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The Attack Hit 83 Million U.S. Homes and Businesses. New Evidence Links the Strike to the Russian Government.


“It scared the pants off many people.”

(AP Photo/Mark Lennihan, File)

JPMorgan Chase revealed this week that it was hit by a massive cyberattack that compromised the financial information of 76 million households and 7 million small businesses — including, possibly, the president of the United States.

The people responsible likely speak Russian.

The New York Times reported late Friday on new details on the cyberattack, revealing that nine other financial institutions were apparently hit and that the Russian government could be connected to the attack:

[Besides JPMorgan,] nine other financial institutions — a number that has not been previously reported — were also infiltrated by the same group of overseas hackers, according to people briefed on the matter. The hackers are thought to be operating from Russia and appear to have at least loose connections with officials of the Russian government, the people briefed on the matter said.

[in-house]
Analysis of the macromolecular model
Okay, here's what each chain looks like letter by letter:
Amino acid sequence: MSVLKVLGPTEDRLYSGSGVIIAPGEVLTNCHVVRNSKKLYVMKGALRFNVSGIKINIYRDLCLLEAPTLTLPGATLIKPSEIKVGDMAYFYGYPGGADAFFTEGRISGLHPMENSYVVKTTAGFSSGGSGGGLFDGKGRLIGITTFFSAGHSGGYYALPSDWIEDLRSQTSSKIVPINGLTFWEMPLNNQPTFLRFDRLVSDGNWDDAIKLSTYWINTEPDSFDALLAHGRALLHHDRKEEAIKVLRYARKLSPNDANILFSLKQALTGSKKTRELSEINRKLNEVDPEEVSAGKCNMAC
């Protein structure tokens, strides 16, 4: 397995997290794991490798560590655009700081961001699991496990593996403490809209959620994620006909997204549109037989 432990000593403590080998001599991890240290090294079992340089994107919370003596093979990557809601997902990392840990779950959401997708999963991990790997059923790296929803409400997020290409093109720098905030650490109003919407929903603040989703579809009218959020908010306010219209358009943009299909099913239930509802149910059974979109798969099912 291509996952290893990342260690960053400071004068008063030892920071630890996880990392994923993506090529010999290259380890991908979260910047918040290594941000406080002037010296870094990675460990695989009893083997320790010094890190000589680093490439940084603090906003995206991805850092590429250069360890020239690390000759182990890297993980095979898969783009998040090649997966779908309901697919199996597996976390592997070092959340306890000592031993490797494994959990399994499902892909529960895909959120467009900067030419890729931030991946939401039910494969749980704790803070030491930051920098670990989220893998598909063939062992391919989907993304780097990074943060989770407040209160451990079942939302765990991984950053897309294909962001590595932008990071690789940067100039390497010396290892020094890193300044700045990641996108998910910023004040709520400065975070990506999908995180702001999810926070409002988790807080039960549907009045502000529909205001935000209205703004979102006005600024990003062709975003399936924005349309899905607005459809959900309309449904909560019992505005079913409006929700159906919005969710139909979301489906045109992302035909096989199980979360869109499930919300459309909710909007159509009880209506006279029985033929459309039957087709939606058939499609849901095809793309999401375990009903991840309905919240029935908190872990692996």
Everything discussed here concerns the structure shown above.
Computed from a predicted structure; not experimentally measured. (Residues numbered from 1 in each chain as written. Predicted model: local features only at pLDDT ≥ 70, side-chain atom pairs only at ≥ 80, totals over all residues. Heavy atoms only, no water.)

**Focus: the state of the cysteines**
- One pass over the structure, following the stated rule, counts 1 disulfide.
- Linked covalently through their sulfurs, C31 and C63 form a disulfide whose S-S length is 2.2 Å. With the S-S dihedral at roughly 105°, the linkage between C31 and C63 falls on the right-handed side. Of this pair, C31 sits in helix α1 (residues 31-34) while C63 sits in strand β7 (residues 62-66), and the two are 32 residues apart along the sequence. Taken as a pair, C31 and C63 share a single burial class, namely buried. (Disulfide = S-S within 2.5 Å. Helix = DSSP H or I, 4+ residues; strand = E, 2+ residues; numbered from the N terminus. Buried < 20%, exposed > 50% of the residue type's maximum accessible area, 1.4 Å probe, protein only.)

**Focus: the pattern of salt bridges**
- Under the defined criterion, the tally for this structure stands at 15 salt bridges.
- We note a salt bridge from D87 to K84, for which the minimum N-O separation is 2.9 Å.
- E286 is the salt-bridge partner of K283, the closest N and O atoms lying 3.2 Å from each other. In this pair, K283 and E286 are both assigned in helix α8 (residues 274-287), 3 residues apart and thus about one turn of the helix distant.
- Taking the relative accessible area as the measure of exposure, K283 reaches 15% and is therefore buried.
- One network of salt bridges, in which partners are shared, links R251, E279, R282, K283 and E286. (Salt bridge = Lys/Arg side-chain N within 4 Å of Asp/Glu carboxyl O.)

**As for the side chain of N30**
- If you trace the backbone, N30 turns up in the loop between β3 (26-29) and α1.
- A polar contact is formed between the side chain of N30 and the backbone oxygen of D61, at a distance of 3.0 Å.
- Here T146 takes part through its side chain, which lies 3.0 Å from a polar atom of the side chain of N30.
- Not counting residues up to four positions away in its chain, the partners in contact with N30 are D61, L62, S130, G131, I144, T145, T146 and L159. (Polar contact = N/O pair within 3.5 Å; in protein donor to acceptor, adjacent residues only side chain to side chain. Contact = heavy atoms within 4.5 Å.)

“It could be in retaliation for the sanctions” placed on Russia, one senior official briefed on the intelligence said. “But it could be mixed motives — to steal if they can, or to sell whatever information they could glean.”

As the Times noted, the attack is particularly worrisome because it demonstrates the vulnerability of Wall Street to foreign hackers.

“It was a huge surprise that [the hackers] were able to compromise a huge bank like JPMorgan,” Al Pascual, a security analyst with Javelin Strategy and Research, told the Times. “It scared the pants off many people.”

Featured image via the Associated Press

Follow Zach Noble (@thezachnoble) on Twitter

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